The long-enduring refugee crisis, the limited international support and the lack of income-generating opportunities have brought the more than 650 000 refugees in Jordan into a very precarious situation. «We have no money, and now the UNO is cutting the food vouchers. What are my children to live on?» said Muhamed, who, as early as 2015, had fled from Syria to Jordan with his eight children. Emergency aid on its own is not sufficient to provide people with perspectives and sustainable, reinforcing measures.
As in many countries bordering on Syria, the crisis in Jordan - the country with one of the highest refugee numbers per capita worldwide - affects the economic and social situation of the whole country. Needy Jordanians are also feeling the increasing pressure on services and national infrastructures such as water, sanitation, health and education. This endangers the cohesion between refugees and local people. From the close settlement and ensuing production of waste, ecosystems and biodiversity also suffer.
Waste management as chance both for people and their environment
Caritas Switzerland and its local partner, Caritas Jordan, are creating income generation opportunities both for Syrian refugees and acutely poverty-stricken Jordanian families. Not only Syrians living outside the camps but also Jordanians in ten municipalities in the north-western provinces of Irbid, Jerash and Ajloun receive temporary contracts of employment for three to six months. The project employs around 900 people every day. They are employed to collect recyclable waste and process it further. No high qualifications are required for this work, so the project offers opportunities for people who find it hard to get into the labour market.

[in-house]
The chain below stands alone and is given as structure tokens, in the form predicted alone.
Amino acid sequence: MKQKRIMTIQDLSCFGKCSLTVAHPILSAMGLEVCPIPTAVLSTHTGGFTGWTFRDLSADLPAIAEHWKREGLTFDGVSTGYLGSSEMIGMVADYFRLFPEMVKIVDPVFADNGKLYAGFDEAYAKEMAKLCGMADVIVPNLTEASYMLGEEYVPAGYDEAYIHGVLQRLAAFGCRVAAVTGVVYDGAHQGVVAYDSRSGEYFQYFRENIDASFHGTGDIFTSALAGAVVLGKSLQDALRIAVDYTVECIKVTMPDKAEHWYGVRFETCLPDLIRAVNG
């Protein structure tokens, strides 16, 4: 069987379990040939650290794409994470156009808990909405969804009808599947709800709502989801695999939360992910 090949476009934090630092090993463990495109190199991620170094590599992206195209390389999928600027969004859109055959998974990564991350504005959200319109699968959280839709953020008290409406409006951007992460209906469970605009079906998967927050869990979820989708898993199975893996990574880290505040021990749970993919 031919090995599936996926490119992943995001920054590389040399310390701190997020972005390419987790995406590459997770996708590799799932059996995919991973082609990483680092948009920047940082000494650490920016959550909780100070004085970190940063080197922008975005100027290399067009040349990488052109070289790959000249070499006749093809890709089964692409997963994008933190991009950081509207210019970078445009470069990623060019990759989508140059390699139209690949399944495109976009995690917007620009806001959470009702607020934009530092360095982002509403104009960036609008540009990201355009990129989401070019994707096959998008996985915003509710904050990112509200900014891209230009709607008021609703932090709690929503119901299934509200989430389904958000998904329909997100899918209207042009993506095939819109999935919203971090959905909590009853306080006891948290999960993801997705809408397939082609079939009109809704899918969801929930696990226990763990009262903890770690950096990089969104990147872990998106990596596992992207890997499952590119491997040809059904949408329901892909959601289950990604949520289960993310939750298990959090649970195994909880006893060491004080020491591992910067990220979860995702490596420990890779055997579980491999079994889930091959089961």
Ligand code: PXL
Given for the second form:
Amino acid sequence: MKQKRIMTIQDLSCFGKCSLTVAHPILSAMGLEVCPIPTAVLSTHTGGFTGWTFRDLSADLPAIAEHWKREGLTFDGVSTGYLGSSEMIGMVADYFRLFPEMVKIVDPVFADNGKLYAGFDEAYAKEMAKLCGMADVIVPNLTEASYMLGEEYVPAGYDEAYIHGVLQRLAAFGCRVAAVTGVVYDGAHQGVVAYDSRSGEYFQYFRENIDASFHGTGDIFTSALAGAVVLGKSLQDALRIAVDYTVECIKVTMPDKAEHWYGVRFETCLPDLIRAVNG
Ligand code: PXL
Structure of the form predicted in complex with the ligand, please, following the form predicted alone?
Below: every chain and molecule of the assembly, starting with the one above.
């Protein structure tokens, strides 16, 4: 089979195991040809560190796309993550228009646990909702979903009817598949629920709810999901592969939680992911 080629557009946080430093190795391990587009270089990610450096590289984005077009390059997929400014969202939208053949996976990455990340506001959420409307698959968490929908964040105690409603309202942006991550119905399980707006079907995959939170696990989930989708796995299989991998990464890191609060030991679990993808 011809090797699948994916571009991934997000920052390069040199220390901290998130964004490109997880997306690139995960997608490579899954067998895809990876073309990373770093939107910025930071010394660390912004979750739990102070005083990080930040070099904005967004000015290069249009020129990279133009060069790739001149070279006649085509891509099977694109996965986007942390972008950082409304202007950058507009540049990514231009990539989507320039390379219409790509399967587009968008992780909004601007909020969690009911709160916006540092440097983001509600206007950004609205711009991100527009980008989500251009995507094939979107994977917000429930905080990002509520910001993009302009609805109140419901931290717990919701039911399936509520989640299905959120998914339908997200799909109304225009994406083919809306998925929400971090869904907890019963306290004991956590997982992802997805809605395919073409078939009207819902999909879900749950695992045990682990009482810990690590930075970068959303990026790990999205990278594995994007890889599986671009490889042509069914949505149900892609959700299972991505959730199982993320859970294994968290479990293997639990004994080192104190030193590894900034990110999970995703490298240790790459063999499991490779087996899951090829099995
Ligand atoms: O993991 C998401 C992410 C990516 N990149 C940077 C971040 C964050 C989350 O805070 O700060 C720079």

At the same time, the project promotes community health and has a positive impact on the environment. The workloads are integrated into public clean-up campaigns and comprehensive waste disposal strategies.
Sustainable also for people who already earn an income as waste collectors
Many people already earn an informal income by collecting and recycling waste. To ensure that the waste project of Caritas shall adversely affect such collectors, Caritas determines how the waste-value chain in all ten municipalities functions, involving all parties and establishing contacts with them. The intention is that by means of public relations, the former waste collectors shall be informed about the project and be involved in it in order for them to secure a regular, formalized and recognised job.
The project is supported by the German Association for International Cooperation (Deutsche Gesellschaft für Internationale Zusammenarbeit GIZ) and is part of a more widespread commitment to waste management in Jordan.